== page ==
Thus, to the majority of repatriates, Soviet Armenia was a symbolic homeland, a place where they were excited to come to but had no idea about the local realities. For many of them, Caucasian, Russian and Islamic elements in the Soviet Armenian culture were unacceptable, compelling them to gather in repatriate’ “ghettos”, usually with internal groupings similar to their previous places of residence. For example, the “Greeks”, “French” and “Bulgarians” who were solely urban residents abroad and had significantly integrated into their host country’s society, looked down at those who came from the Middle East, particularly Syria and Iraqi villages or provincial cities, as the average European would look at people from the Middle East.
Around 7000 of the repatriates were from France and formed a kind of “upper class” among the repatriates. Later they were the first ones to become disappointed with the Soviet reality and asked for support from France to help leaving USSR.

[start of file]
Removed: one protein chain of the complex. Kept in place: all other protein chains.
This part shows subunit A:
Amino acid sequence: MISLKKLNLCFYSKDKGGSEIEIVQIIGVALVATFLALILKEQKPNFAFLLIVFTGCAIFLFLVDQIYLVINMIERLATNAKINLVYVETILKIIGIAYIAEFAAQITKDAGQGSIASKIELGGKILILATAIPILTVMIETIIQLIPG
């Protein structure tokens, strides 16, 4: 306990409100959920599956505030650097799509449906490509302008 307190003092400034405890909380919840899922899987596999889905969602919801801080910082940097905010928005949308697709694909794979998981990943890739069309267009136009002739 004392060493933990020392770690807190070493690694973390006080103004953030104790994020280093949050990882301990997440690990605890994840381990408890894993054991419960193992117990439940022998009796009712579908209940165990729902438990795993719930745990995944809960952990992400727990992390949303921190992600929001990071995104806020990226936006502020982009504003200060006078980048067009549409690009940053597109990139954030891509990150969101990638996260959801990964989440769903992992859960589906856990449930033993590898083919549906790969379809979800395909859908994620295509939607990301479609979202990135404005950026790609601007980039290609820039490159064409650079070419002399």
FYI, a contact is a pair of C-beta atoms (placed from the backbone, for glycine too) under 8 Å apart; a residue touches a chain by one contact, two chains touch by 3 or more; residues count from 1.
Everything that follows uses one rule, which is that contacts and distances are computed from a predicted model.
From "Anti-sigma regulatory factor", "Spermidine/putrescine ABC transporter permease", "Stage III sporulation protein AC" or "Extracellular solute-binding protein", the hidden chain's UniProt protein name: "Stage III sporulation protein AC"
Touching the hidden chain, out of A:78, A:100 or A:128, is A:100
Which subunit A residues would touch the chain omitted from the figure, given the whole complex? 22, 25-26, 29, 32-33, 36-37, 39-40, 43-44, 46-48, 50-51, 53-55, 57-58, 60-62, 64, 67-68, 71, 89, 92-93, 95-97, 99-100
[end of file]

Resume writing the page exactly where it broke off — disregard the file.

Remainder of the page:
Soviet deception

The first encounter with the Soviet Armenian reality was like a cold shower to many. Queues for bread, the poverty, poor clothing, the criminal environment, intolerance and provincialism, laced with elements of Soviet propaganda, made a hard impression on many of the repatriates. They remember the first encounter with the homeland as a combination of excitement and rapid disappointment. It can best be summarized in a popular joke of the century. According to the context, the repatriate had just arrived in Armenia, got off the train with their luggage , put aside their bags in excitement, bowed down and kissed the ground. He then puts his head on the ground for a while, but when he got up and went to pick up his luggage, he discovered that it had already been taken away.
Many of the repatriates were disappointed by the suspicious, and often discriminatory treatment that they experienced. Some of them, especially the older generation coming from rural regions of the Middle East might not speak Armenian at all, while the Russian language was totally unfamiliar to everyone. Although the Soviet authorities organized language (Eastern Armenian and Russian) and Communist Party courses, particularly those with ideological content, taking into account their complex language, were basically useless.